RALEIGH — Medicaid officials say a Raleigh company overcharged the state more than $824,000 for in-home personal care services meant for poor and disabled people who in many cases never received or didn't qualify for the care.
State regulators want to recoup that money, plus fines and penalties that raise the total to $926,000, and have started the process of pulling the license from Royal Healthcare Inc., which operates out of a single family home at 4124 Viewmont Drive, off Rock Quarry Road.
Division of Medical Assistance spokesman Brad Deen said the investigation comes at the leading edge of intense state scrutiny of personal care services companies, as the state invests in high-tech modernization of its decades-old billing systems. Using old-school methods of poring over printouts and checking complaints, Medicaid investigators found overpayments to Royal Healthcare in about 100 recipients' cases. Of those cases:
More than 90 failed to meet minimum qualifications for the services;
Only a handful had a doctor's order for the care;
And, 71 cases appeared to use a form that was recopied multiple times regardless of the recipients' individual situations.
For instance, each of the forms, although filled out for different recipients, said the person needed help with walking on Mondays and Tuesdays only, something that might make sense in one particular case but would be highly unlikely in all 71, Deen said. The repetitions were a "red flag," he said.
Headed by Raleigh resident Charles Fowowe, who denies any wrongdoing, Royal Healthcare has billed the state more than $2.4 million since 2005 for sending aides to people who need help with daily life activities - such as eating, bathing and using the bathroom.
"We shall refund all the money that they paid for the services of those patients," Fowowe said Friday. "All the patients received care."
According to the company's most recent license application, it serves 44 clients in Wake County as well as dozens more in Durham, Nash and other counties. The company was first notified of billing problems late last year and had not filed a response by a deadline of last week, state officials said.
In-home services debate
The action against Royal Healthcare comes at a time of hot debate about the in-home services. The state pays private companies to send aides to the homes of people who qualify by needing outside help with at least two daily activities, such as eating or bathing.
The industry, which serves more than 30,000 people, is making its case in court and to legislators about the services' value to thousands of North Carolinians, some of whom could wind up in long-term care without the help. The Association for Home & Hospice Care of North Carolina has contested a state-commissioned survey which called into question as much as 40 percent of PCS payments.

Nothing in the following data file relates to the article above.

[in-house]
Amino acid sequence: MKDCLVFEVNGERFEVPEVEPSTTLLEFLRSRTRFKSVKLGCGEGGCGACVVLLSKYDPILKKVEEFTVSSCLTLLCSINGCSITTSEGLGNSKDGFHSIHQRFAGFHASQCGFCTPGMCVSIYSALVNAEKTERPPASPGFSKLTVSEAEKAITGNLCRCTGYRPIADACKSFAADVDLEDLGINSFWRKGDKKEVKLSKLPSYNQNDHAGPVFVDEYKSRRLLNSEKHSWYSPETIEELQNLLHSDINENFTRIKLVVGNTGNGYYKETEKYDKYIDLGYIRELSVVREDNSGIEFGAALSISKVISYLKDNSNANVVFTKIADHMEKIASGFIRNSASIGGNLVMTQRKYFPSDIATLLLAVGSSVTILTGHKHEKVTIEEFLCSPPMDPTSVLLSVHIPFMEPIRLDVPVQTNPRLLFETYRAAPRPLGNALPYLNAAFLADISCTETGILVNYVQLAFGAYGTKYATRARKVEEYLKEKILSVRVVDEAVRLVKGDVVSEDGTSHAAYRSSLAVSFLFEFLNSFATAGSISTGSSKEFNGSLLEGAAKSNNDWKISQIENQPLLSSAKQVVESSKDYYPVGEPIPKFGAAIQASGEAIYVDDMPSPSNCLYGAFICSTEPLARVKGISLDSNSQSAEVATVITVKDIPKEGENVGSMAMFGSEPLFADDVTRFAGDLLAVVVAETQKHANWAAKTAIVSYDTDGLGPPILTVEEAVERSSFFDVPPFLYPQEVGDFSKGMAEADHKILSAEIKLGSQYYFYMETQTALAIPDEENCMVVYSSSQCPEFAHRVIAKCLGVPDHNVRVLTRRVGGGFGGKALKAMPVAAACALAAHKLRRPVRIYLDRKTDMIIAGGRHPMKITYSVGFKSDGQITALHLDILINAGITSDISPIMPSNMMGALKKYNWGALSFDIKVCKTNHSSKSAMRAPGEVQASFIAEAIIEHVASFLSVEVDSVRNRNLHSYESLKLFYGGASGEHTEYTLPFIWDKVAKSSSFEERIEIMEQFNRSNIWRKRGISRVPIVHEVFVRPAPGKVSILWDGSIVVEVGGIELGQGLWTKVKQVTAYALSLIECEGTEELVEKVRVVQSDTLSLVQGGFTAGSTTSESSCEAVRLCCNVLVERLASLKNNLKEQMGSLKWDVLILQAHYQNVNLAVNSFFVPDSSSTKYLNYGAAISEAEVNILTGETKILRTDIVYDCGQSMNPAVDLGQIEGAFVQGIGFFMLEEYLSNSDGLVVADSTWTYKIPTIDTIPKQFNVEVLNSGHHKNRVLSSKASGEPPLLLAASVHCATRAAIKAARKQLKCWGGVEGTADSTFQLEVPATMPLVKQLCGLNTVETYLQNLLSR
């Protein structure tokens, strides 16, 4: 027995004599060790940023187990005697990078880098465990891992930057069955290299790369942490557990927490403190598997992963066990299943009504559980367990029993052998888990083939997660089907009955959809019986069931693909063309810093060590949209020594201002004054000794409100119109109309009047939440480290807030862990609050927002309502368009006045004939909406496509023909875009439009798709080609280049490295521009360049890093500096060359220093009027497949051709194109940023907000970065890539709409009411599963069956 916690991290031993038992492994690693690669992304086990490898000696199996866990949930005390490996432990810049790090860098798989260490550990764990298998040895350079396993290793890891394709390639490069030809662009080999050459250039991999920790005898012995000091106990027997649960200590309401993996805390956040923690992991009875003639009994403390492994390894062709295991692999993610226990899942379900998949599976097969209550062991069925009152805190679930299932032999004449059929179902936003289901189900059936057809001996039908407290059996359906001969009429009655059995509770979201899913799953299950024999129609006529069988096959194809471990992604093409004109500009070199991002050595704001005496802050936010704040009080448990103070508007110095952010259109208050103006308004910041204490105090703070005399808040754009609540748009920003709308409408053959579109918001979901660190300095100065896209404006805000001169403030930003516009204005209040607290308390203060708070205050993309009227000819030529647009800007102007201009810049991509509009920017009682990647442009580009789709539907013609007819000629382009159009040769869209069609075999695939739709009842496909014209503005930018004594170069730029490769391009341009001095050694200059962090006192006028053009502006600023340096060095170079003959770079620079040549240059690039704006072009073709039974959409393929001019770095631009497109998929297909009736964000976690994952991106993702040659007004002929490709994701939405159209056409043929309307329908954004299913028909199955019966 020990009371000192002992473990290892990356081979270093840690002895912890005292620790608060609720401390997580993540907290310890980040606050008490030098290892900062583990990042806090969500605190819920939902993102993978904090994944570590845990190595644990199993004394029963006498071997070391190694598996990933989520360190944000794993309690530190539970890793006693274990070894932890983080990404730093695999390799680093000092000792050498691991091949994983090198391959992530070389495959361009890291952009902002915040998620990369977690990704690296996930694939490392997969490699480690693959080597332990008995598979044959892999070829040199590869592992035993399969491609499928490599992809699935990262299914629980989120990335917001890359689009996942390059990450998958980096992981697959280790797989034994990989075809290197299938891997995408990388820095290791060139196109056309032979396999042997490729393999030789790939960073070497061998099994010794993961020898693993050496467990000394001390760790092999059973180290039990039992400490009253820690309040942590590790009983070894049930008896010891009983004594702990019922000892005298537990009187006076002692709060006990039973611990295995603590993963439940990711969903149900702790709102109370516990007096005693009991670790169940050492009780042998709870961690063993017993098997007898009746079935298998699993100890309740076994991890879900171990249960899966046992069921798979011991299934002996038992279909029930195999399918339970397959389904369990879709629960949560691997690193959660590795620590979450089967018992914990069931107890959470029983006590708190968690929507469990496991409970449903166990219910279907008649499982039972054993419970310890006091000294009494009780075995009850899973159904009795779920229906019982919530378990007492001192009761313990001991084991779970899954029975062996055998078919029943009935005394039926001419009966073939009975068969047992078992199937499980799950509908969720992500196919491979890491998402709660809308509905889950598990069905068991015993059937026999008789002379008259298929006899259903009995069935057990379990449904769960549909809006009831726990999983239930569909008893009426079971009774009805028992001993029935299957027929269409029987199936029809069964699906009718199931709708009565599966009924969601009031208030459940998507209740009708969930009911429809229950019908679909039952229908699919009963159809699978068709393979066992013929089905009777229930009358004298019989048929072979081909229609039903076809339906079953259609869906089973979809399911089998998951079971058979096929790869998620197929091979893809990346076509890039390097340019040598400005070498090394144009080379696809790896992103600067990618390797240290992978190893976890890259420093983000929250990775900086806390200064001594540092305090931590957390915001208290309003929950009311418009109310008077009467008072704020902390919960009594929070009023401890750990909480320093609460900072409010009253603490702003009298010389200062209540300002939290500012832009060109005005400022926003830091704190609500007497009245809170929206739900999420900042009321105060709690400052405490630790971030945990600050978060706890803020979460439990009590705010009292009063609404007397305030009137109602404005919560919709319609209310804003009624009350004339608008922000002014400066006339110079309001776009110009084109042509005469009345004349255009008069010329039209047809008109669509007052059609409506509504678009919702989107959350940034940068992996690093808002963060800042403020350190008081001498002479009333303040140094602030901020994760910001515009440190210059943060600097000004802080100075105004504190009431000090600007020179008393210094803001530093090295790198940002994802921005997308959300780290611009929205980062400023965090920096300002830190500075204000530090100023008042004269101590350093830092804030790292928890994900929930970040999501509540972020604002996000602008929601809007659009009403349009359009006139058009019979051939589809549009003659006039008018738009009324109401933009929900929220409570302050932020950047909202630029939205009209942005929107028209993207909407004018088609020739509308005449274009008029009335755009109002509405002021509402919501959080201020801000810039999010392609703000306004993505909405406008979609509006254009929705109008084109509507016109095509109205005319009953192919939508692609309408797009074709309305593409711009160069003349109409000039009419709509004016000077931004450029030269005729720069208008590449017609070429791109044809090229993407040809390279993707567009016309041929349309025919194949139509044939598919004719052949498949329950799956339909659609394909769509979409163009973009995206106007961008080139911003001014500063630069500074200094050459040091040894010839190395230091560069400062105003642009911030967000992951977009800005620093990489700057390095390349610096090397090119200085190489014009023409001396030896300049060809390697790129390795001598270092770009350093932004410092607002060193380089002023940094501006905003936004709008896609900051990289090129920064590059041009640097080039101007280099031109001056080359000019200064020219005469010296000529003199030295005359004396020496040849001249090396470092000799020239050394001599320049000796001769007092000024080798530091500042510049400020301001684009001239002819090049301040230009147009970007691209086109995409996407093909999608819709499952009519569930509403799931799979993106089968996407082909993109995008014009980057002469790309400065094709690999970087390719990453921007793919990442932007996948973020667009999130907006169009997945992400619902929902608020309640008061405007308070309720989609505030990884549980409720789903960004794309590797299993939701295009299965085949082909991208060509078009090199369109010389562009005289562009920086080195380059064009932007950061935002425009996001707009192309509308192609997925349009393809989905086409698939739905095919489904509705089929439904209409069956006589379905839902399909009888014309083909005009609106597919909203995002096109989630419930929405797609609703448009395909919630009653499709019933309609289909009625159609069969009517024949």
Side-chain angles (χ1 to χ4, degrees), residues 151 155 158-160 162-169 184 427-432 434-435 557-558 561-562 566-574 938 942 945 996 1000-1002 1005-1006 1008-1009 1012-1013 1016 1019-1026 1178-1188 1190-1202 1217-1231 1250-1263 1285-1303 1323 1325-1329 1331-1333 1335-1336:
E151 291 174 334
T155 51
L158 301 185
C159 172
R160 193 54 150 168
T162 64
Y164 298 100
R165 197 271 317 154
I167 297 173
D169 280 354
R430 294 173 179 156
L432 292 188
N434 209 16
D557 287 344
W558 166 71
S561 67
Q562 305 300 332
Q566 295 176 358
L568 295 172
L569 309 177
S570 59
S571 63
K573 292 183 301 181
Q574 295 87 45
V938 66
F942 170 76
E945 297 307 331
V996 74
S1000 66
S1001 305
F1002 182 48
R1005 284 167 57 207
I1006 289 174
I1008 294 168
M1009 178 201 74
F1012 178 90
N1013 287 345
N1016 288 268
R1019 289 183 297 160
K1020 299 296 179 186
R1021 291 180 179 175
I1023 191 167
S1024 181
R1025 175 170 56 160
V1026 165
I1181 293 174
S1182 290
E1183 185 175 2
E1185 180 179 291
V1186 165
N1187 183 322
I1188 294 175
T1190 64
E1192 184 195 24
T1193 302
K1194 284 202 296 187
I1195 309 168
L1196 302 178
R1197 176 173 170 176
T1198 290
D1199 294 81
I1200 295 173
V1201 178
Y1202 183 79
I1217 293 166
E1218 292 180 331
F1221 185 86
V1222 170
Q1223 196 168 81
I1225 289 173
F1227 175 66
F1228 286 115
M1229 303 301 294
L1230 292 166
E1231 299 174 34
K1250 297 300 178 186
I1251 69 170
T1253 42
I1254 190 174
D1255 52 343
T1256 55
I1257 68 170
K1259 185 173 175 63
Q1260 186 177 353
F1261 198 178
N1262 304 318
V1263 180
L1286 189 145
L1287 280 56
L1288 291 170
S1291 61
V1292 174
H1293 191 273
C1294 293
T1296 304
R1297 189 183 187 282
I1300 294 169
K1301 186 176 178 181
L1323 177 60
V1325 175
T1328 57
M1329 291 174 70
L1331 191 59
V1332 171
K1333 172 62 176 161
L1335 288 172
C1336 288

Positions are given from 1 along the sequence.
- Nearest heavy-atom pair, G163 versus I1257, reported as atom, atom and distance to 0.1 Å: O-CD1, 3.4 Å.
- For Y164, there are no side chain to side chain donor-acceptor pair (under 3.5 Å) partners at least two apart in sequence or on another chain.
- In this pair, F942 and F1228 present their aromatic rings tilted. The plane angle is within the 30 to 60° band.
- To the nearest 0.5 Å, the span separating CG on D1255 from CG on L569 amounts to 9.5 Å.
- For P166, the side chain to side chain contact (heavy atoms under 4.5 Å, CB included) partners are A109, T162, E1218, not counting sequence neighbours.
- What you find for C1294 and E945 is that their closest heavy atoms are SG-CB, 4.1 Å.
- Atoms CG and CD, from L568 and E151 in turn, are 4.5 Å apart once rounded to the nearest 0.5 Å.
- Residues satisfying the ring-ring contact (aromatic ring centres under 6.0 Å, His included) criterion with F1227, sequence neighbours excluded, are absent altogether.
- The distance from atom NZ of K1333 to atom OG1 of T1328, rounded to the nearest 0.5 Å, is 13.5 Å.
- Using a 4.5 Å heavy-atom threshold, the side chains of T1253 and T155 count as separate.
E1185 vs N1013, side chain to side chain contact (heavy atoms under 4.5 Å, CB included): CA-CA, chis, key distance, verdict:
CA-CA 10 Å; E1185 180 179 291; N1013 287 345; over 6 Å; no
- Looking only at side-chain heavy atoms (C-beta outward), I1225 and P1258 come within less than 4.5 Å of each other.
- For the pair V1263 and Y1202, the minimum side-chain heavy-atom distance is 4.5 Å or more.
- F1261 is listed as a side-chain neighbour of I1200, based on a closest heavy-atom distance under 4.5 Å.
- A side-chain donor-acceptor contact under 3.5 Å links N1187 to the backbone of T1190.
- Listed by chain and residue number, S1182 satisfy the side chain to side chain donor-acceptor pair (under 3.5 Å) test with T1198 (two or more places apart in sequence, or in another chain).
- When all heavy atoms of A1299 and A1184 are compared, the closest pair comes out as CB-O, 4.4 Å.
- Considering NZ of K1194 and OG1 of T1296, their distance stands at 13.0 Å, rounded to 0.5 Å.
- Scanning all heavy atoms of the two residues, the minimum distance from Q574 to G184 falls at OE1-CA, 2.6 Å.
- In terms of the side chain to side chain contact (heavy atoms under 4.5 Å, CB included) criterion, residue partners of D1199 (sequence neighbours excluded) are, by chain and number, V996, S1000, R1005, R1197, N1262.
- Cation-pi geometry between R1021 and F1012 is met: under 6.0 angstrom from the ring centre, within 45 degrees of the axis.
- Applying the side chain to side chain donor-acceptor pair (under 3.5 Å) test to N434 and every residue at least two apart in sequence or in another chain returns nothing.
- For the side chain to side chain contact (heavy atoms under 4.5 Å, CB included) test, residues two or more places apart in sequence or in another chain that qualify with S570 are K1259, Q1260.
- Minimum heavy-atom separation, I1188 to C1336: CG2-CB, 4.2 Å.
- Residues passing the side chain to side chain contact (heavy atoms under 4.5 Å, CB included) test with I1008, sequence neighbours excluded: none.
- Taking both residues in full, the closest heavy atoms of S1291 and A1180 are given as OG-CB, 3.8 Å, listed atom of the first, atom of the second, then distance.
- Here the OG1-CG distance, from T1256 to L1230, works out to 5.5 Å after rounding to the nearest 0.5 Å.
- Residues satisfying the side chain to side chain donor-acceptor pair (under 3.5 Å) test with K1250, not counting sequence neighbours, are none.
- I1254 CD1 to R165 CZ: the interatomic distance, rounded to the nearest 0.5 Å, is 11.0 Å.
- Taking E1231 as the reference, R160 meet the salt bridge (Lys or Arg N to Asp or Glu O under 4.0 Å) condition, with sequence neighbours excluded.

Royal Healthcare is not a member of the industry group.
State legislators voted in 2009 to cut $100 million from in-home personal care services during a two-year period, but the industry successfully asked an administrative judge to stop the state from cutting the benefits based on examining records instead of using in-home visits, as legislators had specified. Meanwhile the state, having overspent the $185 million budgeted to last the program through June, is planning more aggressive, technology-fueled efforts to hunt for millions in cuts by locating unnecessary services in those provided to older people and those with disabilities.
"It's common; it's rampant, the fraud in PCS - I've complained about it for years," said Dr. Jane McCaleb, who in 2008 filed one of a number of complaints found in state files about Royal Healthcare.
Forms already filled out
McCaleb, with the Rural Health Group, a nonprofit, federally qualified health center that serves northeastern North Carolina counties, said one young man came into her Halifax County office in 2008 and asked her to sign a form, already filled out by Royal Healthcare, that certified he needed their help. What he really wanted, McCaleb said she discovered, was help with housecleaning and shopping.
"What [personal-care services companies] do is, they start providing services and send in the form on the presumption that you are busy and you'll sign for it," she said.
The Association for Home & Hospice Care of North Carolina, the trade organization, has worked extensively with the state to make sure that only qualified recipients get the care, while pushing its value to tens of thousands of older and disabled people. McCaleb agreed that personal care services are vital in many cases.
"You have to understand: They can't get out of bed; they can't feed themselves," the doctor said.
Deen said Fowowe made arrangements to start paying down his obligation to the state but missed a first payment of $79,043 that was due last month. If he persists in missing payments, he could wind up in civil court.
And unless Fowowe can respond satisfactorily within the next two weeks to the state's bid to take the license of Royal Healthcare, it could be the end for the company whose motto is "Health is Wealth!!!"
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